Tylopilus is a genus of over 100 species of mycorrhizal bolete fungi separated from Boletus. Its best known member is the bitter bolete (Tylopilus felleus), the only species found in Europe. More species are found in North America, such as the edible species T. alboater. Australia is another continent where many species are found. All members of the genus form mycorrhizal relationships with trees. Members of the genus are distinguished by their pinkish pore surfaces.

Tylopilus felleus 060914c.jpg
Tylopilus felleus
Scientific classification

P.Karst. (1881)
Type species
Tylopilus felleus
(Bull.) P.Karst. (1881)


The genus was first defined by Petter Adolf Karsten in 1881.[6] The type species, Tylopilus felleus, was originally described in 1788 as a species of Boletus by French mycologist Pierre Bulliard.[7] Tylopilus means "bumpy or swollen pileus",[8] from the Greek tylos "bump" and pilos "hat".[9]

Molecular analysis indicates the genus, like other large genera within the Boletales, is polyphyletic.[10] A lineage of Tylopilus chromapes (now Harrya chromapes and related species) has been shown to be only distantly related to other members of Tylopilus. Hence T. chromapes is now the type species of the new genus Harrya and, related to it, several Australian species moved to Australopilus.[11] T. valens was also moved to its own genus, Pseudoaustroboletus.[12]


Fruit bodies of the genus Tylopilus are encountered as large stout bolete mushrooms, which generally arise from the ground or occasionally from wood. They have stout stipes, which do not have a ring.[8] A key field character which distinguishes them from members of the genus Boletus is the presence of their pink-tinged pores (though these may be white when young).[13] The "pink pore" feature is a polyphyletic morphology that does not unite the Tylopilus species using traditional morphological characters (Smith and Thiers or Singer's concepts). The spore print manifests various shades of pinkish-brown, through reddish-brown and even chocolate brown.[8]


Many species have a bitter taste and are thus inedible,[8] taste being a key feature in identification of this genus.[13] The black velvet bolete (T. alboater) is a good edible, but is often ignored.[8]


As of August 2015, Index Fungorum lists 111 valid species of Tylopilus.[14] About 40 are found in western North America.[8] A large number have been recorded from Australia, with 26 aligned with existing taxa and another 15 not assignable. Members of the genus are also abundant in South America, particularly in forests with trees of the genus Dicymbe in Guyana, as well as Central America and elsewhere across tropical regions around the world.[15] All are mycorrhizal.


  1. ^ Murrill WA (1909). "The Boletaceae of North America – 1". Mycologia. 1 (1): 4–18 (see p. 15). doi:10.2307/3753167.
  2. ^ Bataille F. (1908). "Quelques champignons intéressants des environs de Besançon" [Rare mushrooms in the vicinity of Besançon]. Bulletin de la Société d'Histoire Naturelle du Doubs (in French). 15: 23–61.
  3. ^ Beck G. (1923). "Versuch einer systematischen Gliederung der Gattung Boletus L. em". Zeitschrift für Pilzkunde (in German). 2 (7): 141–49.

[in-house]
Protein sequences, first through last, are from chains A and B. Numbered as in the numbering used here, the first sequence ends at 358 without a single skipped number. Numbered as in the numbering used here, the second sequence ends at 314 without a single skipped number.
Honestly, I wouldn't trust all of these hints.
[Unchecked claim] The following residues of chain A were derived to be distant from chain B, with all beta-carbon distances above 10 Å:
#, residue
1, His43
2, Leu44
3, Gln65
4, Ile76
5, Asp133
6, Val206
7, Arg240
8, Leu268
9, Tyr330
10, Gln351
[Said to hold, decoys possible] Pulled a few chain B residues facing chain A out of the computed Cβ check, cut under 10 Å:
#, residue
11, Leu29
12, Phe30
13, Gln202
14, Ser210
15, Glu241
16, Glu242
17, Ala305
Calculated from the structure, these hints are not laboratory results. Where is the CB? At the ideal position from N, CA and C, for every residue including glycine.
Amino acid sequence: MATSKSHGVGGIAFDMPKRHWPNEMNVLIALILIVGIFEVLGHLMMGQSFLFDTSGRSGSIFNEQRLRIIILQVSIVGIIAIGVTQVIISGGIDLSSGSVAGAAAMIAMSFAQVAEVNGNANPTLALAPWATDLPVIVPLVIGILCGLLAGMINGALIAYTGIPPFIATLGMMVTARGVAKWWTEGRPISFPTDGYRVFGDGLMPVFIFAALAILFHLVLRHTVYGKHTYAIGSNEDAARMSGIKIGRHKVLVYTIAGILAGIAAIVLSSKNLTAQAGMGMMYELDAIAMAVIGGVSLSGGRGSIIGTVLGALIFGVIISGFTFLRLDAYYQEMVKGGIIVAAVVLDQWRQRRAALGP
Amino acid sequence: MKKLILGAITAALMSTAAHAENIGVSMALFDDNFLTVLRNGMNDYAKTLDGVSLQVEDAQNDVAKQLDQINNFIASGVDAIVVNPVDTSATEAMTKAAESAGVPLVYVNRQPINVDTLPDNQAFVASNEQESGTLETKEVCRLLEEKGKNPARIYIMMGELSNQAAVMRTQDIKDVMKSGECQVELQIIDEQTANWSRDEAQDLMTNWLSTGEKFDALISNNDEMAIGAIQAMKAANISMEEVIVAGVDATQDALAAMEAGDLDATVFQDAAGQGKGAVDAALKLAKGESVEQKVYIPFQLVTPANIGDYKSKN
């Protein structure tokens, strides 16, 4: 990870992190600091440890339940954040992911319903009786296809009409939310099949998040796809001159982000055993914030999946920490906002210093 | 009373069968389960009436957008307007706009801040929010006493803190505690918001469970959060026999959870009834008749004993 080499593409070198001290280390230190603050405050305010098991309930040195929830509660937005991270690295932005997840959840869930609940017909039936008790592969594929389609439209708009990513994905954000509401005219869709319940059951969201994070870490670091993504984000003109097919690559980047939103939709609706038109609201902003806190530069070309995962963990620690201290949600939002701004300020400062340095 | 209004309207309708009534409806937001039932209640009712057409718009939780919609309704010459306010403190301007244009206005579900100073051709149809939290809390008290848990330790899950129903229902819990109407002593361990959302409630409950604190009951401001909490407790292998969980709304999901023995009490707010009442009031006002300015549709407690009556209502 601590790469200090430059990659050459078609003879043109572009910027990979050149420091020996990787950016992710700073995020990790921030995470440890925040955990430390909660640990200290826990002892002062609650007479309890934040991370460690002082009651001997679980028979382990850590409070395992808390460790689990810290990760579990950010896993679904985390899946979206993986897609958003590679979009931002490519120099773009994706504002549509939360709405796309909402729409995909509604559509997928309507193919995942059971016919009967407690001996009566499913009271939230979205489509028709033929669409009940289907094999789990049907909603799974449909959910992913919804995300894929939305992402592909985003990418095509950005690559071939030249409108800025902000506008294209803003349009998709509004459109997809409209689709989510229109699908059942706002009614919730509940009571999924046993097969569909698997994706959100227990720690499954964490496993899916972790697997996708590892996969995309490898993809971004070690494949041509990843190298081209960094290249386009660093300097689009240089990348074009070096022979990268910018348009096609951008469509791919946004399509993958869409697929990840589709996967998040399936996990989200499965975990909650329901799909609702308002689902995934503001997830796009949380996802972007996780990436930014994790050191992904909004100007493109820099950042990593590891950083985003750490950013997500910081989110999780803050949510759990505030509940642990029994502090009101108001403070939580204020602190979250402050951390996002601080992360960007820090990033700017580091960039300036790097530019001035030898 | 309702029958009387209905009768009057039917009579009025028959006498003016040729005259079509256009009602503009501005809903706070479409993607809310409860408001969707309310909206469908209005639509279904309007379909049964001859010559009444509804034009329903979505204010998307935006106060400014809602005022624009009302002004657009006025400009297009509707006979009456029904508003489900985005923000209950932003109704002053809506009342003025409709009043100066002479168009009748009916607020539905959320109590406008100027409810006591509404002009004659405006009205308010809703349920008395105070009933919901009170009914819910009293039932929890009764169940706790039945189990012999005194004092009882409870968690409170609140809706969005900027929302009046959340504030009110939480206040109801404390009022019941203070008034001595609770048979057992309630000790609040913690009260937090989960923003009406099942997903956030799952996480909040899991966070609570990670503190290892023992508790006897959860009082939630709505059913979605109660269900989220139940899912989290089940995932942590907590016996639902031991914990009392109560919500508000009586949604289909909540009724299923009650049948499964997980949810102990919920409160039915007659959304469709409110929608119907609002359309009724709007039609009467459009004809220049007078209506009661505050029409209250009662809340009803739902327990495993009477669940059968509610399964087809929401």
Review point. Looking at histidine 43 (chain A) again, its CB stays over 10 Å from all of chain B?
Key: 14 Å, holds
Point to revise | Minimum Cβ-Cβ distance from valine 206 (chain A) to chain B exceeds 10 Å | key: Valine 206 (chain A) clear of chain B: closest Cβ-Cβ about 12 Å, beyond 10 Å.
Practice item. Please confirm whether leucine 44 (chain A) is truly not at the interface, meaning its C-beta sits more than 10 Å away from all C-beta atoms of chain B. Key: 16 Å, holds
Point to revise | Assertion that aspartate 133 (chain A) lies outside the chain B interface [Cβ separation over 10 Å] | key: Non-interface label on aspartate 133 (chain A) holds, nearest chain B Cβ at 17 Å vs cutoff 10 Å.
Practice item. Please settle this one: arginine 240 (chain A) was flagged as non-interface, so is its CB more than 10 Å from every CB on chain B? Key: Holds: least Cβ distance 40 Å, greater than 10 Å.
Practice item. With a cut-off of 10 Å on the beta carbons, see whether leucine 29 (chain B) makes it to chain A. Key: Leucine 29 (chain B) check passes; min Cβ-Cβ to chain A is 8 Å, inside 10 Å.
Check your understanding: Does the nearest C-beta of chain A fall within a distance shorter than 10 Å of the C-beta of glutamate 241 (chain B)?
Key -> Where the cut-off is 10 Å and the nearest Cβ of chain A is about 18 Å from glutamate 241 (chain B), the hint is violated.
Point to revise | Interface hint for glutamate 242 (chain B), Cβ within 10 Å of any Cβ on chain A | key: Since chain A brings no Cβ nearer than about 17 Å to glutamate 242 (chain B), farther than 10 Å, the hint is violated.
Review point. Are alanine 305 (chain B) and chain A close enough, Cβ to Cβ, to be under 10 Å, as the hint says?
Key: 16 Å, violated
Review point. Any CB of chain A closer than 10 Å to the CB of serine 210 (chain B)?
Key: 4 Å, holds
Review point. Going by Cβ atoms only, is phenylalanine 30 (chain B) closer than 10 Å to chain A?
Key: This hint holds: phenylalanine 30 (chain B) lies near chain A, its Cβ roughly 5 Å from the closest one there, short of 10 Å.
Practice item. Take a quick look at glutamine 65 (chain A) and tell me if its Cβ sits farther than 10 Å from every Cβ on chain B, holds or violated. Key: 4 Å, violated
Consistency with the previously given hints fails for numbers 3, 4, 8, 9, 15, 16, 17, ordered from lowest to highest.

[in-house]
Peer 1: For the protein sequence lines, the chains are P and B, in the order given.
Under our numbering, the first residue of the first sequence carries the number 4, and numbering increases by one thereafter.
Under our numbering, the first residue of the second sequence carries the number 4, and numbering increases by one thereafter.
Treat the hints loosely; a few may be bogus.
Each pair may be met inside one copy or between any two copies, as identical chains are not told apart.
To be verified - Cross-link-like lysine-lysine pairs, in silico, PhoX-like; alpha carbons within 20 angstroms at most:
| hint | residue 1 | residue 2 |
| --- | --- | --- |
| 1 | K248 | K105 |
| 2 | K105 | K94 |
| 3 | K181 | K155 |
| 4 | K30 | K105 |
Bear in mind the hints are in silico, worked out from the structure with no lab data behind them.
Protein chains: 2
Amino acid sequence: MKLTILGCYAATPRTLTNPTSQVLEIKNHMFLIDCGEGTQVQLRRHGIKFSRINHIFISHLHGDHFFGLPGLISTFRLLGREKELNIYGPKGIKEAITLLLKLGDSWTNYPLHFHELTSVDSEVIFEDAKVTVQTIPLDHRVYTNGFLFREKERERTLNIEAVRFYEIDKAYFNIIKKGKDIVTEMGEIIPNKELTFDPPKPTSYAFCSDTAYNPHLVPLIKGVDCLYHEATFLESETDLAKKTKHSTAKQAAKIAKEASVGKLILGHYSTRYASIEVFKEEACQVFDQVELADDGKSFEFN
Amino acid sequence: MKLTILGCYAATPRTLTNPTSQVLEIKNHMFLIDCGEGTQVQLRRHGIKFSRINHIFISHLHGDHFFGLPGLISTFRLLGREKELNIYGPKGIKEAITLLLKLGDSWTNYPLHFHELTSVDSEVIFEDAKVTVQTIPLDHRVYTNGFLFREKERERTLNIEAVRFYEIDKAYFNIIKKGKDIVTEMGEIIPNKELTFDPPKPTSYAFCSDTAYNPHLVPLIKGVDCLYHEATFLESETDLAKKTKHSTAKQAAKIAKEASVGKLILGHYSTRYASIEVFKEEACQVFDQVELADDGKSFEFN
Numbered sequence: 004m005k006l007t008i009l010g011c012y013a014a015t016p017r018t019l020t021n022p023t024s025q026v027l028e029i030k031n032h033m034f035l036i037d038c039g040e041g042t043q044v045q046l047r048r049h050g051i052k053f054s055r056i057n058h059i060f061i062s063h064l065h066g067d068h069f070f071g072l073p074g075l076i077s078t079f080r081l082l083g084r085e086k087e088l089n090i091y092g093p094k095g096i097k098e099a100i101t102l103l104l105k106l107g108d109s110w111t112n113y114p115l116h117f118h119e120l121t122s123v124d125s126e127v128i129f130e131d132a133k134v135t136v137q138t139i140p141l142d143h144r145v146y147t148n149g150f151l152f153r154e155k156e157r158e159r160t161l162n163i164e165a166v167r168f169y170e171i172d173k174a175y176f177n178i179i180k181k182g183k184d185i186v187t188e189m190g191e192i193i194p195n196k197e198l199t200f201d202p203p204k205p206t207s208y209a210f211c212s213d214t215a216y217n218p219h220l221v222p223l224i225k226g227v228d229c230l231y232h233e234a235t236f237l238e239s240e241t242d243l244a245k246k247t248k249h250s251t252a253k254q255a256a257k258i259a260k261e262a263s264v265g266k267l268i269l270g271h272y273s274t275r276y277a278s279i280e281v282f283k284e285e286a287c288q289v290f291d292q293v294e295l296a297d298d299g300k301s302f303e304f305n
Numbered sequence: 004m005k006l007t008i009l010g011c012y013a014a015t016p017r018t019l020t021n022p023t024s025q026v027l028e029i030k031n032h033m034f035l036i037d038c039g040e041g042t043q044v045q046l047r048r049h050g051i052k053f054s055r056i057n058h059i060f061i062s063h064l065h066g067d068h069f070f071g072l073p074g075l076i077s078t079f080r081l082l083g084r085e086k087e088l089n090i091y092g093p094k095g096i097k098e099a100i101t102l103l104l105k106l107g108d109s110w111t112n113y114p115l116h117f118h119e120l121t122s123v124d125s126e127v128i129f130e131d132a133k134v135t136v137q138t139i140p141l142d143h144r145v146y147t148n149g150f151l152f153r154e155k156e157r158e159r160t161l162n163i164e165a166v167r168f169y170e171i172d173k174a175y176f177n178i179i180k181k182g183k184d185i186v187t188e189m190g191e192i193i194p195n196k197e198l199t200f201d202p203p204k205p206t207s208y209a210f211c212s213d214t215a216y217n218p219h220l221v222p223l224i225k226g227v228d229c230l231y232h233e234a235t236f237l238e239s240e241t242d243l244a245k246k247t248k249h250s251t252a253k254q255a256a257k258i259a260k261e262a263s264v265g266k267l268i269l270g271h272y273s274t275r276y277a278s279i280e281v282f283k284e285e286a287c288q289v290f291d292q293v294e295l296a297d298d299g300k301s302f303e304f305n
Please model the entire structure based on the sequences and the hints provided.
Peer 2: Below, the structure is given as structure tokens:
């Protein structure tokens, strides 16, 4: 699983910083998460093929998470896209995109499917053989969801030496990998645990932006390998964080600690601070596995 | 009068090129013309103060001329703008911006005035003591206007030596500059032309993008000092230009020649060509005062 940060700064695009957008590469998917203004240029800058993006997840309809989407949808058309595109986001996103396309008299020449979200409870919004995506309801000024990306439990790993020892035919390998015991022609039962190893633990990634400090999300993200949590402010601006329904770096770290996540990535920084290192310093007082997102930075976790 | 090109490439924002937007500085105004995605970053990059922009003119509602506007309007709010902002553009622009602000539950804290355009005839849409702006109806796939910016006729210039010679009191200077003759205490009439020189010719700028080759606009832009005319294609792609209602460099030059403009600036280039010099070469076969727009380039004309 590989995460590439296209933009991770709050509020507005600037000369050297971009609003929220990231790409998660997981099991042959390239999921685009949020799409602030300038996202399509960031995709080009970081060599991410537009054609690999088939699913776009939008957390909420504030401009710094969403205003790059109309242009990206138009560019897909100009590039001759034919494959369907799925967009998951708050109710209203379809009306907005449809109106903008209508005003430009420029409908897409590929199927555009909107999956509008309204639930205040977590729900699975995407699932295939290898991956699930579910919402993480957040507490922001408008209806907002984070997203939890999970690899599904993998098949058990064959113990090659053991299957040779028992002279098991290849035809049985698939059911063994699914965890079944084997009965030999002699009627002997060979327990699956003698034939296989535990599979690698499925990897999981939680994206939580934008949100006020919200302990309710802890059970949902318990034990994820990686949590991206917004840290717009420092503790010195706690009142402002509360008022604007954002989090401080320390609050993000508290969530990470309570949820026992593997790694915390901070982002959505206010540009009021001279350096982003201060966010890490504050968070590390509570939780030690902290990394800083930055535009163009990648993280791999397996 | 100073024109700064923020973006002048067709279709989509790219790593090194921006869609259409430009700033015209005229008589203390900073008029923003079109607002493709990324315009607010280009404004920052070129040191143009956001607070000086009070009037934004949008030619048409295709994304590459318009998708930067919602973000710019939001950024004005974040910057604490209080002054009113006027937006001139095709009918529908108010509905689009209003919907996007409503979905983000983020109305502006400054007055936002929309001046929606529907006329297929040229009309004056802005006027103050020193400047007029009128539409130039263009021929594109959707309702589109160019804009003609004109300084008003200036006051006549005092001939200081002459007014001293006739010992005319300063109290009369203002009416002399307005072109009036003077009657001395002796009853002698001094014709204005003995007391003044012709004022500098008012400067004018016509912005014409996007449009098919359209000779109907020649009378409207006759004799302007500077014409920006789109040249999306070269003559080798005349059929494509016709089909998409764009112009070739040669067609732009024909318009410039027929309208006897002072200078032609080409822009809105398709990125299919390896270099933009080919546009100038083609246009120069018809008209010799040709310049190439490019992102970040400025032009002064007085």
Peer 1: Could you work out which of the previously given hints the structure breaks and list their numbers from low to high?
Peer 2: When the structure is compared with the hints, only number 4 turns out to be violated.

4. ^ Snell WH (1942). "New proposals relating to the genera of the Boletaceae". Mycologia. 34 (4): 403–11. doi:10.2307/3754982.
  5. ^ "Tylopilus P. Karst. 1881". MycoBank. International Mycological Association. Retrieved 30 August 2011.
  6. ^ Karsten PA (1881). "Enumeratio Boletinearum et Polyporearum Fennicarum, systemate novo dispositarum". Revue mycologique, Toulouse. 3 (9): 16–19.
  7. ^ Bulliard JBF (1788). Herbier de la France (in French). 8. Paris: Chez l'auteur, Didot, Debure, Belin. plate 379.
  8. ^ a b c d e f Bessette AR, Bessette A, Roody WC (2000). North American Boletes: A Color Guide to the Fleshy Pored Mushrooms. Syracuse, New York: Syracuse University Press. p. 256. ISBN 0-8156-0588-9.
  9. ^ Nilson S, Persson O (1977). Fungi of Northern Europe 1: Larger Fungi (Excluding Gill-Fungi). Harmondsworth, England: Penguin. pp. 102–03. ISBN 0-14-063005-8.
  10. ^ Binder M, Hibbett DS (2006). "Molecular systematics and biological diversification of Boletales" (PDF). Mycologia. 98 (6): 971–81. doi:10.3852/mycologia.98.6.971. Archived from the original (PDF) on 26 December 2011.
  11. ^ Halling RE, Nuhn M, Osmundson T, Fechner N, Trappe JM, Soytong K, Arora D, Hibbett DS, Binder M (2012). "Affinities of the Boletus chromapes group to Royoungia and the description of two new genera, Harrya and Australopilus". Australian Systematic Botany. 25: 418–31. doi:10.1071/SB12028.
  12. ^ Li Y-C, Li F, Zeng N-K, Cui Y-Y, Yang ZL (2014). "A new genus Pseudoaustroboletus (Boletaceae, Boletales) from Asia as inferred from molecular and morphological data". Mycological Progress. 13. doi:10.1007/s11557-014-1011-1. 1011.
  13. ^ a b Kuo, Michael (March 2005). "The genus Tylopilus". Retrieved 23 August 2011.
  14. ^ Kirk PM. "Species Fungorum (version 26th August 2015). In: Species 2000 & ITIS Catalogue of Life". Retrieved 29 August 2015.
  15. ^ Watling R. (2001). "Australian Boletes: Their Diversity and Possible Origins". Australian Systematic Botany. 14 (3): 407–16. doi:10.1071/SB99031.
  16. ^ Takahashi H. (2002). "Two new species and one new combination of Agaricales from Japan". Mycoscience. 43 (5): 397–403. doi:10.1007/s102670200058.
  17. ^ Takahashi H. (2007). "Five new species of the Boletaceae from Japan". Mycoscience. 48 (2): 90–9. doi:10.1007/s10267-006-0332-6p.

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